Here are some other factors that are hard to quantify now, but could affect how quickly we transition to a clean energy future:
More zero-emission electricity
Increased clean and renewable electricity production, spurred by the Environmental Protection Agency’s Clean Power Plan and congressional tax credit extensions for wind and solar, could reduce renewable power costs, which have already been dropping. In other words, economies of scale could lead to higher deployments and lower emissions than currently forecast.
Wind and solar generation have grown nearly twelve-fold since 2005, nearly eight times greater than what was expected back then. In the 2016 Annual Energy Outlook, wind and solar generation are projected to increase 2.5 times by 2025. Historical precedent would tend to suggest that this is a highly conservative estimate.
However, sustained low prices in wholesale power markets from low natural gas prices and a proliferation of renewable electricity sources could harm another zero-emission source: nuclear. In particular, we could see natural gas continue to replace zero-emission merchant nuclear plants, moving us in the wrong direction, unless remedies are implemented. Also, low wholesale prices would tend to discourage new renewable generation.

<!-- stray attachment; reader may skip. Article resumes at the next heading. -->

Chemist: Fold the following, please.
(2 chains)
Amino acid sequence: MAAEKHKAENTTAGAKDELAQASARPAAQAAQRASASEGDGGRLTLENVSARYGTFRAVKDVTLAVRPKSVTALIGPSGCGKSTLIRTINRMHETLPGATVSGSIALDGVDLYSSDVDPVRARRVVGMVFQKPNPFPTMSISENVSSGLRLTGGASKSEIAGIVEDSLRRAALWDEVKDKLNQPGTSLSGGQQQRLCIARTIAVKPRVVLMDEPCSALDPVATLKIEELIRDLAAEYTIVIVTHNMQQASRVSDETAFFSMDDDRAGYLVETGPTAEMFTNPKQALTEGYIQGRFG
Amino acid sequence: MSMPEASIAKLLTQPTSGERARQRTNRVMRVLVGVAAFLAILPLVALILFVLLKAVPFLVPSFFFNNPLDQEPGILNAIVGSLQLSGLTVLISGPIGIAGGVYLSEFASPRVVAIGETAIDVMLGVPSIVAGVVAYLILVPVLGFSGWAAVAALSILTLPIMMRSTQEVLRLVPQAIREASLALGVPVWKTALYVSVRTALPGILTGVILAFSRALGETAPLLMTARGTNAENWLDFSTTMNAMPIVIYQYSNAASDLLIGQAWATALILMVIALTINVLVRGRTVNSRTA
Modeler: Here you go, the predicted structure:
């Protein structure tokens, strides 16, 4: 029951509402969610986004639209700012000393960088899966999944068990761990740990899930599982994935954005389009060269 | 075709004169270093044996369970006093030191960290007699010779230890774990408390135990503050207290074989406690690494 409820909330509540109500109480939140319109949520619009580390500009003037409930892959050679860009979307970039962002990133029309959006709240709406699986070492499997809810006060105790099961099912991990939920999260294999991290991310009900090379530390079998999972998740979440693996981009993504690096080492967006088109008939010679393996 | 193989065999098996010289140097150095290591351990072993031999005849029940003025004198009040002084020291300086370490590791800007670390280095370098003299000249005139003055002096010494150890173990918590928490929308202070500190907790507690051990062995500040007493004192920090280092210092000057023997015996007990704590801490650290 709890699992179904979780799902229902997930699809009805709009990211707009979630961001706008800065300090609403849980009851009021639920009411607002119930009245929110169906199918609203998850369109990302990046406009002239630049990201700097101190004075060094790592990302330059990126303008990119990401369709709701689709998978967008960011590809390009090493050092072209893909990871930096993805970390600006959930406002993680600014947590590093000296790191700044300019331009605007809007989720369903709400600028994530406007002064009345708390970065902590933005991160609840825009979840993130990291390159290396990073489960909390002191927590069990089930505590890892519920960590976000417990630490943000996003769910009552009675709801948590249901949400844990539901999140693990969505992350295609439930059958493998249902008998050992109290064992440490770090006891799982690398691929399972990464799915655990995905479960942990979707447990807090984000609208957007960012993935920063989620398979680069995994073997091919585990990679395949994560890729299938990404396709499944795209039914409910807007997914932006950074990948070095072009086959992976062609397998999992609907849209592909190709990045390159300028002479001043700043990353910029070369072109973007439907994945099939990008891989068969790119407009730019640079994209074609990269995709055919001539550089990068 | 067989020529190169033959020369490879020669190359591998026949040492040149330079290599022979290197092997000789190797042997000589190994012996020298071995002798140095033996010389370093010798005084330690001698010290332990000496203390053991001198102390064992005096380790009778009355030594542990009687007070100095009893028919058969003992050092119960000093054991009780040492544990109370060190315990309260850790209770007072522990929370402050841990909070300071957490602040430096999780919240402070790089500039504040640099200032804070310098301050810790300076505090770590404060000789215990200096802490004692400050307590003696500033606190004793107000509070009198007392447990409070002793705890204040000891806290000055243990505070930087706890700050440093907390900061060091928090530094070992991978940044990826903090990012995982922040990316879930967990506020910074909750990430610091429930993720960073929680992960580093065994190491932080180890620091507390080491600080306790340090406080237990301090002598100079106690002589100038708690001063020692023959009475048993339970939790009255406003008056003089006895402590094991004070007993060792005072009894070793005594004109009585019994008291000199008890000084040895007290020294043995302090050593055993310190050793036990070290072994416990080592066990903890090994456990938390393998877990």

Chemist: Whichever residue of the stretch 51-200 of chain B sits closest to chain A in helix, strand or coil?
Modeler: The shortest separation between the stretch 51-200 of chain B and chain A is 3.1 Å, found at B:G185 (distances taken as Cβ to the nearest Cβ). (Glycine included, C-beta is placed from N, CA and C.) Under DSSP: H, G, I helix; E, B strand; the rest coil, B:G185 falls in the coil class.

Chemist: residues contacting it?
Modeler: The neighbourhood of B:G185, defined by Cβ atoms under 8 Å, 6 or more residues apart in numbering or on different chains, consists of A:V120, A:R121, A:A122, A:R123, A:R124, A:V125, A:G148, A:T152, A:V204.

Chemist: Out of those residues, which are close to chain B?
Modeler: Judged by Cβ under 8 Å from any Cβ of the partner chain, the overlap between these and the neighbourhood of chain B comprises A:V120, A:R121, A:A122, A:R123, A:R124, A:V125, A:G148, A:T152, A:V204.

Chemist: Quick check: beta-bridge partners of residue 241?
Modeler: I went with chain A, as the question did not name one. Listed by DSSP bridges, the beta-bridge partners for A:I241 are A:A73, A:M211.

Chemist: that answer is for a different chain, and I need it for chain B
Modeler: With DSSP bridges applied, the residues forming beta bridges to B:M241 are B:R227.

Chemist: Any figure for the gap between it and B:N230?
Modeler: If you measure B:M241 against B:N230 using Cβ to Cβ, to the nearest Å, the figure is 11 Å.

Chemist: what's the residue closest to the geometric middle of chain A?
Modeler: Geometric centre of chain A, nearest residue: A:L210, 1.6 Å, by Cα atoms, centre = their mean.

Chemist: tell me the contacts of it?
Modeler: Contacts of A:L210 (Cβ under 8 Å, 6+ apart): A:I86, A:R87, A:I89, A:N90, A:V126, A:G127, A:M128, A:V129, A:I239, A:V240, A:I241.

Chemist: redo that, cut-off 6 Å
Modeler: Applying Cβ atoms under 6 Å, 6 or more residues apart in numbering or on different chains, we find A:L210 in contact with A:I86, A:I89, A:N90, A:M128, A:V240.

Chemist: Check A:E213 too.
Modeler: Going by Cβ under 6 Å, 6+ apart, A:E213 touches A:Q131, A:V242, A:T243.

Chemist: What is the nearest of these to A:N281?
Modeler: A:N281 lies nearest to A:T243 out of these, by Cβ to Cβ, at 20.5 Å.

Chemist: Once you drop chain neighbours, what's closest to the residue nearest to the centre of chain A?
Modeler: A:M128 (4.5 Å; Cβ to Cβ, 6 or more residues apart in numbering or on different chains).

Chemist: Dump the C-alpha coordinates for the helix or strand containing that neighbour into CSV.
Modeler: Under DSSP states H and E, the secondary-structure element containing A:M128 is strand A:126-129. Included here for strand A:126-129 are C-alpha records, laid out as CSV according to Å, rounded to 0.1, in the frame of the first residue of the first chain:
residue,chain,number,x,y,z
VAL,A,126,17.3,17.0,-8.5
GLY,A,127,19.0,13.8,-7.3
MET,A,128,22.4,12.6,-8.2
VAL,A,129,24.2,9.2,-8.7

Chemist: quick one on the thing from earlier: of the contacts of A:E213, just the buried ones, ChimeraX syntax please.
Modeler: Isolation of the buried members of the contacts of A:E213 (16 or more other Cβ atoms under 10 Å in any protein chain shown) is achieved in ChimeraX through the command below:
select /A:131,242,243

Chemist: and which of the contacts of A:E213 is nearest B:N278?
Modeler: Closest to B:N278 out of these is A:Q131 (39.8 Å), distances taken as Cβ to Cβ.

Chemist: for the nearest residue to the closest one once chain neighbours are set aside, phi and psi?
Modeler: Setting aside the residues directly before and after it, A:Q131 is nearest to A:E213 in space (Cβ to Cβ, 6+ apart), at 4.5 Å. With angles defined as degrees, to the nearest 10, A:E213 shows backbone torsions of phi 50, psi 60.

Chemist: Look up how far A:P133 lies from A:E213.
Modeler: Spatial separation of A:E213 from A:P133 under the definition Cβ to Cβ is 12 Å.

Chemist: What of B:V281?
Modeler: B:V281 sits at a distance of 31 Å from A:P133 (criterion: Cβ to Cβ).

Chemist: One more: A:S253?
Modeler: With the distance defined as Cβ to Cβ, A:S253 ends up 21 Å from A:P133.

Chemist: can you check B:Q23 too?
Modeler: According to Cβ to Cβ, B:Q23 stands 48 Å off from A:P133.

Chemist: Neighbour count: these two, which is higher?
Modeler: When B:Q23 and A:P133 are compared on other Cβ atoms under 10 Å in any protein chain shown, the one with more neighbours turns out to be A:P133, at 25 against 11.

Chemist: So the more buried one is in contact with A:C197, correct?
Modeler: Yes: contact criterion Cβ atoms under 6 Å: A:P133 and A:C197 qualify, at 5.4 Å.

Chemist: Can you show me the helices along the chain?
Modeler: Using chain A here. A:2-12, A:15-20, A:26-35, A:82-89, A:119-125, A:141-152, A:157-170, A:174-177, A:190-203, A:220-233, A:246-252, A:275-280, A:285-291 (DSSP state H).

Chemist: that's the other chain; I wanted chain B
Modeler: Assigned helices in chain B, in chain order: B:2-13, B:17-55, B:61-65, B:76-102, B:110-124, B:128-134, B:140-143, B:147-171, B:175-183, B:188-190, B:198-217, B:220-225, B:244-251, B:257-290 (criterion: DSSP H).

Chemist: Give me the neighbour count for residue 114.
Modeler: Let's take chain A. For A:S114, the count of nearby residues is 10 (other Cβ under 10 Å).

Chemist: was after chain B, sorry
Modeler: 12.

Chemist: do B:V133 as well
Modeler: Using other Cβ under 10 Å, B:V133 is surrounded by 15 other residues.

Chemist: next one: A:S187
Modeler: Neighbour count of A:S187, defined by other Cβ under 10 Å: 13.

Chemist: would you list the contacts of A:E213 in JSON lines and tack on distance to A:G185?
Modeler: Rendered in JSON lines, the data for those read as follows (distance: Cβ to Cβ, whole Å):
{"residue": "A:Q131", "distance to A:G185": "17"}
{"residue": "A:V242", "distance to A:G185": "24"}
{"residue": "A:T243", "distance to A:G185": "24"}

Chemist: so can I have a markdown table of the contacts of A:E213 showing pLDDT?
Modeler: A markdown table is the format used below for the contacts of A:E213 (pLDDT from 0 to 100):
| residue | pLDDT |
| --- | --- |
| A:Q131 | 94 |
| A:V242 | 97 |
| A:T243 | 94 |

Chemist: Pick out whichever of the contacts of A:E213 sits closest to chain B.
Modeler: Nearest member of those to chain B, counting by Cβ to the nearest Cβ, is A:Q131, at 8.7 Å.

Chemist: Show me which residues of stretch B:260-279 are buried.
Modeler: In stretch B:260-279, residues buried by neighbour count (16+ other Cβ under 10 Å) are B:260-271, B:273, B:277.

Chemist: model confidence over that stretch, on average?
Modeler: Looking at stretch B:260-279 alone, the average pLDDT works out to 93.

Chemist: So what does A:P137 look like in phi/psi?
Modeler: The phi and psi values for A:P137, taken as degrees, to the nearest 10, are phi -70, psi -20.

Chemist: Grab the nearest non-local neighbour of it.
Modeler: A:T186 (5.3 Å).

More zero-emission vehicles
Electric vehicles (EVs) make up less than 1 percent of new U.S. car sales. But as their prices drop and range expands, the adoption rate could accelerate over the next 10 years, spurring important reductions from what is now the largest emitting sector. In one sign of growing demand, more than 400,000 people have put down a deposit for a Tesla Model 3 EV that won’t even be on the market until 2018.
Advances in battery storage could drive the transformation of the transportation sector and would provide obvious benefits to the electric power sector as well.
Meanwhile, automakers are exploring alternative fuels: natural gas, hydrogen fuel cells, and biofuels. And more than a dozen states and nations have formed a Zero-Emission Vehicle (ZEV) Alliance to encourage ZEV infrastructure and adoption.
Action by cities, the magnitude of which is not easily captured by national macroeconomic models, could lead to greater than anticipated emission reductions. Starting with the groundbreaking Mayors Climate Protection Agreement in 2005, initiatives are evolving to connect cities with each other to exchange knowledge and achieve economies of scale for new technologies.